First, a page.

Die #3 is something.
It’s something new for the series but old, almost unendingly old. Detractors will say that it is something new, but only because no one felt the need or the right to say it. Fans will say that it’s a blend of hope and despair in perfect proportion, all too aware of what it is but never slowing for it. Regardless, like the item from which it takes its name, this series is already showing that things can change, go from bad to fascinatingly worse, in an instant.
Die #3 is greatly aided by an essay in the back of the issue. Here Kieron Gillen can play to his strengths and acknowledge, in that fundamentally Gillen way, what is true and what is meaningful and what is pretentious and that it was pretentious and why that was worth it in the end. Maybe it’s just the Brit in him, but I don’t think I’ve ever read one of Gillen’s stories that didn’t feel saturated with his self-awareness, at worst neurosis and at best Platonic insight. Die #3 truly benefits from the presence of this essay because it does a huge amount to provide context and humility and time to process together what you’ve just been through together and, in doing so, it doesn’t change that the issue absolutely stands on its own.
To be honest, that’s one of the most striking things about this issue. Though I don’t know that you could give this to someone who hasn’t read the prior two, this is a detour and a smart one at that. It metaphorically and literally falls into the lives of those who are the great heroes of our lives but are doomed to be NPCs in our games. Though the details of the world or dictators or grief knights might not be present, the story of Die #3 is entirely self-contained
Now some of the context I alluded to above is barely even in the series yet; a key example of the essay’s benefits being explaining exactly why there is a front and an Eternal Prussia and a Little England and what they are. But, even so, the story makes sense, even if you have to squint and feel the edges of it.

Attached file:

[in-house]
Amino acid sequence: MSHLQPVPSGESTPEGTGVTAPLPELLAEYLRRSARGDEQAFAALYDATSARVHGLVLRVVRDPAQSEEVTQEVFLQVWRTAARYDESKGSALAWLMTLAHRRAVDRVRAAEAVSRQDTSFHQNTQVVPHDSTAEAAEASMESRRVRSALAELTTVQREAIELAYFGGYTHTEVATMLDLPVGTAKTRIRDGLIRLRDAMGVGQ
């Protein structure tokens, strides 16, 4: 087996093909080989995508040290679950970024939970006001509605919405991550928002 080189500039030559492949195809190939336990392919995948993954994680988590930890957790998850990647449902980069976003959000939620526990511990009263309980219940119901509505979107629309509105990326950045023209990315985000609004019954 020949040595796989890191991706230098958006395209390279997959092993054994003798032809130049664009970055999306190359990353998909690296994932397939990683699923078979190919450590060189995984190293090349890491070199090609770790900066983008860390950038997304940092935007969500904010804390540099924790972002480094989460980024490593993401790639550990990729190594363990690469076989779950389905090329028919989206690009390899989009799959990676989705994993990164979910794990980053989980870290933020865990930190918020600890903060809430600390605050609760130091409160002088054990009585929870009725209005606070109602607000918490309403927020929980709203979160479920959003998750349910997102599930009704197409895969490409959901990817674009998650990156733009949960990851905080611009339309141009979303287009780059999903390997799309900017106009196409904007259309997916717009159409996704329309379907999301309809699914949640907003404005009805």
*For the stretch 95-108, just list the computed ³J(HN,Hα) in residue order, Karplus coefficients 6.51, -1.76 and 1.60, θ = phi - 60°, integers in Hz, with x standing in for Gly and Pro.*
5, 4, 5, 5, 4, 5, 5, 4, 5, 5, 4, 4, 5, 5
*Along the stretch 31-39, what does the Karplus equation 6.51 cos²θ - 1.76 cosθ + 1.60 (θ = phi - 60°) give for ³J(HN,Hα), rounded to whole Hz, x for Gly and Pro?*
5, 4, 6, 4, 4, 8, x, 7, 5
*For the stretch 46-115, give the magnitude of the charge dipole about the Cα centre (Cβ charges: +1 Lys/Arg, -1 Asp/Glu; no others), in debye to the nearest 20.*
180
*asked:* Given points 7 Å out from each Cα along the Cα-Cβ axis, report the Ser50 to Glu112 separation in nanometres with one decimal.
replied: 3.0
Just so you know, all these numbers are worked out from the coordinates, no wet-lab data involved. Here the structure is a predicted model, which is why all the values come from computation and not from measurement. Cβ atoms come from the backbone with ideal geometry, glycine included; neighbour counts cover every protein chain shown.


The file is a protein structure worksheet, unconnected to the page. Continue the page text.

We start in media res but not long after the end of issue #2. Nonetheless, there’s a sense of disconnect that only grows stronger as the issue goes on. Before very long at all, readers are thrown into the heat of things and effortlessly flipped into a strange but distinct story with some kind of comic writing judo.
Now, let’s not deny it, there’s something off-putting about satire of this type that’s too obvious about its source material. Part of that is simply that our societies of copyright and trademark have made it foreign and uncomfortable, but there is also a certain arrogance and disrespect about taking someone else’s work and tearing it down to build your own (even if that exact behavior forms some of the core of western literature). To stumble upon some other character in an unexpected place, seen in a way that cuts through their glamour, starts out fun but quickly curdles into something cruel. It’s therefore lucky that Gillen so carefully walks the line between calling out the foundational work of this genre and making an impassioned filibuster as to why it remains relevant, both choices that could easily go bad.
And make no mistake, readers will recognize the “Little Englanders” almost immediately. Even before they start dropping verbatim character quirks or adopting the appearance of their movie counterparts, you’ll know and, if you manage not to, you almost certainly will when the “Master of this realm” shows up and starts outright paraphrasing the text. There’s an almost acid-wash tonality to Gillen’s approach, scarring the classic down to its marrow but no further, to bring out its inherent quality in sharper (and I do mean sharper) contrast.